Choi did not elaborate on what the North’s conditions are, but her comments raise the possibility of North Korea and the U.S. returning to negotiations for the first time since 2008, when six-nation talks over Pyongyang’s nuclear weapons program fell apart.

President Donald Trump opened the door this month to talks, saying he would be “honored” to meet North Korean leader Kim Jong Un.

Tensions have mounted in recent months after the Trump administration said it would keep “all options on the table” to halt North Korea’s nuclear weapons program, including a military strike. The North responded by pledging to retaliate with a devastating nuclear counterattack, a threat it has made in the past.

In recent weeks, North Korea has arrested two American university instructors and laid out what it claimed to be a CIA-backed plot to assassinate Kim. Choi did not address the matter of the detained Americans on Saturday.

In Norway, Choi met with former U.S. officials and scholars for what are known as “track 2” talks. The talks, which cover a range of nuclear, security and bilateral issues, are held intermittently, and are an informal opportunity for the two sides to exchange opinions and concerns.

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These are the tanks Russia is setting up in Syria

This is how SEAL Team 6 could stop North Korean dictator Kim Jong-un
Photo: Wikimedia Commons/Vitaly V. Kuzmin


Russia is doubling down in its support of Syrian President Bashar al-Assad.

In an effort to prop up the Syrian government, and secure its own interests in the region, Russia is establishing its “most significant” military foothold in the region since the days of the Cold War.

As part of this push, Russia has taken over the main international airport in Damascus and is airlifting tons of supplies, soldiers, and armaments including tanks into the country.

At the same time, Russians are building another base in Latakia, the ancestreal heartland of Assad.

So far, Moscow has deployed around a half dozen T-90 battle tanks in Syria, The New York Times reports citing American military specialists. The tanks are currently being stationed at airfields throughout the country.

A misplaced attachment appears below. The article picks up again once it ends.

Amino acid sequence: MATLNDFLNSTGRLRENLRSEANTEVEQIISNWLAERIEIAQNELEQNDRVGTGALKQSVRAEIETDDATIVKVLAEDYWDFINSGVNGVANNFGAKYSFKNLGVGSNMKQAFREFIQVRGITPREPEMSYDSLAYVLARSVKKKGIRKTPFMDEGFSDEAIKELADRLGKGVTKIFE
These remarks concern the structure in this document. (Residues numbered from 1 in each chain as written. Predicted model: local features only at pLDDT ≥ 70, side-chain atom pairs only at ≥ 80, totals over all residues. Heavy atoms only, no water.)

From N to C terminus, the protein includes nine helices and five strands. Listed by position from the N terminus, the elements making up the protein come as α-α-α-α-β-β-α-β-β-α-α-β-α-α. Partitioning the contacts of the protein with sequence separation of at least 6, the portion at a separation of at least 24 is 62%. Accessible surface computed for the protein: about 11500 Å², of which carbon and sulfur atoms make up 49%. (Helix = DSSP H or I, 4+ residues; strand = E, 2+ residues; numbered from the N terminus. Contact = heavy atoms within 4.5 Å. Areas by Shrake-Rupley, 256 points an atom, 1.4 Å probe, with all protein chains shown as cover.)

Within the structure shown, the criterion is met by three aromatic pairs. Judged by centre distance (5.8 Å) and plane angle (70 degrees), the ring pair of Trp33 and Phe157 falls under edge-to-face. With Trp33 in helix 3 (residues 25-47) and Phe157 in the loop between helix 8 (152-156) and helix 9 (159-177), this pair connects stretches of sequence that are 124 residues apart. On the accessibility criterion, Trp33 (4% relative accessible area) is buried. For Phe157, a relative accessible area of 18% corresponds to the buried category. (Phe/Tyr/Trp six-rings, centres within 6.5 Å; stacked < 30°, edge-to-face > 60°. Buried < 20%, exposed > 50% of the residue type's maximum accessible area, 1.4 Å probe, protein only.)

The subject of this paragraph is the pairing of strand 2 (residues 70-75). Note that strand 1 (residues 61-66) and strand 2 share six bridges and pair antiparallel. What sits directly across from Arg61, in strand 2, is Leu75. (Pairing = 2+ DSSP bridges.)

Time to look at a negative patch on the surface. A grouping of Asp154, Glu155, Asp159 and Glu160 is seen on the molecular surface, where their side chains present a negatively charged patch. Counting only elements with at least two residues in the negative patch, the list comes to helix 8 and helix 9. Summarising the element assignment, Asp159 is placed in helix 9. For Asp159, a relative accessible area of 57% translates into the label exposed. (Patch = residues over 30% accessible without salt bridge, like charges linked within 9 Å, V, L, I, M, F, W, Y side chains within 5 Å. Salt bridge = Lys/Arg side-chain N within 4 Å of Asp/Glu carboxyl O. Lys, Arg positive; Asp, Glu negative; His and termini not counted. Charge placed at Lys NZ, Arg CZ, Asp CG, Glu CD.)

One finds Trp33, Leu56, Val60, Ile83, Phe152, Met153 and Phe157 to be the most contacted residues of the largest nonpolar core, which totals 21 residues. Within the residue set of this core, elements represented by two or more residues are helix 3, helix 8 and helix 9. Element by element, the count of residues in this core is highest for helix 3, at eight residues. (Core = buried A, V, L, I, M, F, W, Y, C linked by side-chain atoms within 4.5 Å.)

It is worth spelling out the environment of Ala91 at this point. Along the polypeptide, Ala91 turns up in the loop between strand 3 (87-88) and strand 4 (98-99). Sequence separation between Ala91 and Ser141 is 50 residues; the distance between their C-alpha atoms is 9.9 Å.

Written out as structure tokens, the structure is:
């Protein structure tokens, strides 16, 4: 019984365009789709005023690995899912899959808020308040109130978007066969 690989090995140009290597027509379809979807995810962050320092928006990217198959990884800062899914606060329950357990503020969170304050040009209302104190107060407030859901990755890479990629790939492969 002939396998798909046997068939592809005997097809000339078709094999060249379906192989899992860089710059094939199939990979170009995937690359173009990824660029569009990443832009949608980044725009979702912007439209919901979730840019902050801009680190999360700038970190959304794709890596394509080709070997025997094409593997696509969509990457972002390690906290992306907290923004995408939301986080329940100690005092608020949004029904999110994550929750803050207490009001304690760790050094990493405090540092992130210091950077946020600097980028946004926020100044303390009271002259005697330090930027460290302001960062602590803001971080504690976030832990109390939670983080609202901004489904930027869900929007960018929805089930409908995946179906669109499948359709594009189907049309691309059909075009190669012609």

Reuters reports that Russia has placed seven T-90s by an airfield in Latakia. The tanks are currently defensively deployed, but that could change as Russia continues to fly more equipment and personnel into the country.

This is how SEAL Team 6 could stop North Korean dictator Kim Jong-un
Photo: Wikimedia Commons/Vitaly V. Kuzmin

The T-90 tank is Russia’s second-most recent tank. It first entered service in the Russia military in 1992, and Russia began exporting the vehicle in 2004. As of 2007, Russia only had around 200 T-90 tanks within its armed forces. As such, the deployment of over a half dozen of the tanks to Syria is a fairly large move.

According to Army Technology, the T-90 is heavily armed with a wide variety of rounds. The tank comes with one main turret that can fire armor piercing rounds, high-explosive anti-tank rounds, and shrapnel projectiles. In addition, the vehicle has an anti-tank guided missile system and a mounted machine gun.

This is how SEAL Team 6 could stop North Korean dictator Kim Jong-un
Photo: Wikimedia Commons/Vitaly V. Kuzmin

Defensively, the tank has both conventional and reactive armor shielding as well as various jamming tools that make it difficult to enemy’s to lock onto the tanks position.

Altogether, the T-90 is an extremely capable vehicle. Aside from Russia’sbrand new T-14 Armata tank, which has yet to enter mass procurement, it is Russia’s latest and most capable battle vehicle.

In addition to the T-90s, the Times reports that Russia has also moved in howitzers, armored personnel carriers, and artillery into Latakia.

More from Business Insider:

This article originally appeared at Business Insider Defense. Copyright 2015. Follow BI Defense on Twitter.

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This is what a modern torpedo does to a ship

If you have seen films from “Operation Pacific” to “Run Silent, Run Deep,” the portrayals of torpedo attacks have often involved a spread of torpedoes, hoping to get at least one hit to cripple an enemy vessel allowing the sub to close in and finish it off.


This is how SEAL Team 6 could stop North Korean dictator Kim Jong-un
Technicians perform maintenance on a Mark 48 advanced capabilities torpedo at Keyport, Washington in 1982. (U.S. Navy photo)

For American submariners, though, their Mark 14 torpedoes were one technical failure after another.

First, they ran too deep. Then there was that magnetic exploder (which premature all too often), and then, the firing pins were a hot mess.

The problems got fixed…in September, 1943. To paraphrase what John Wayne’s Duke Gifford said in Operation Pacific, “Now, we had torpedoes.”

This is how SEAL Team 6 could stop North Korean dictator Kim Jong-un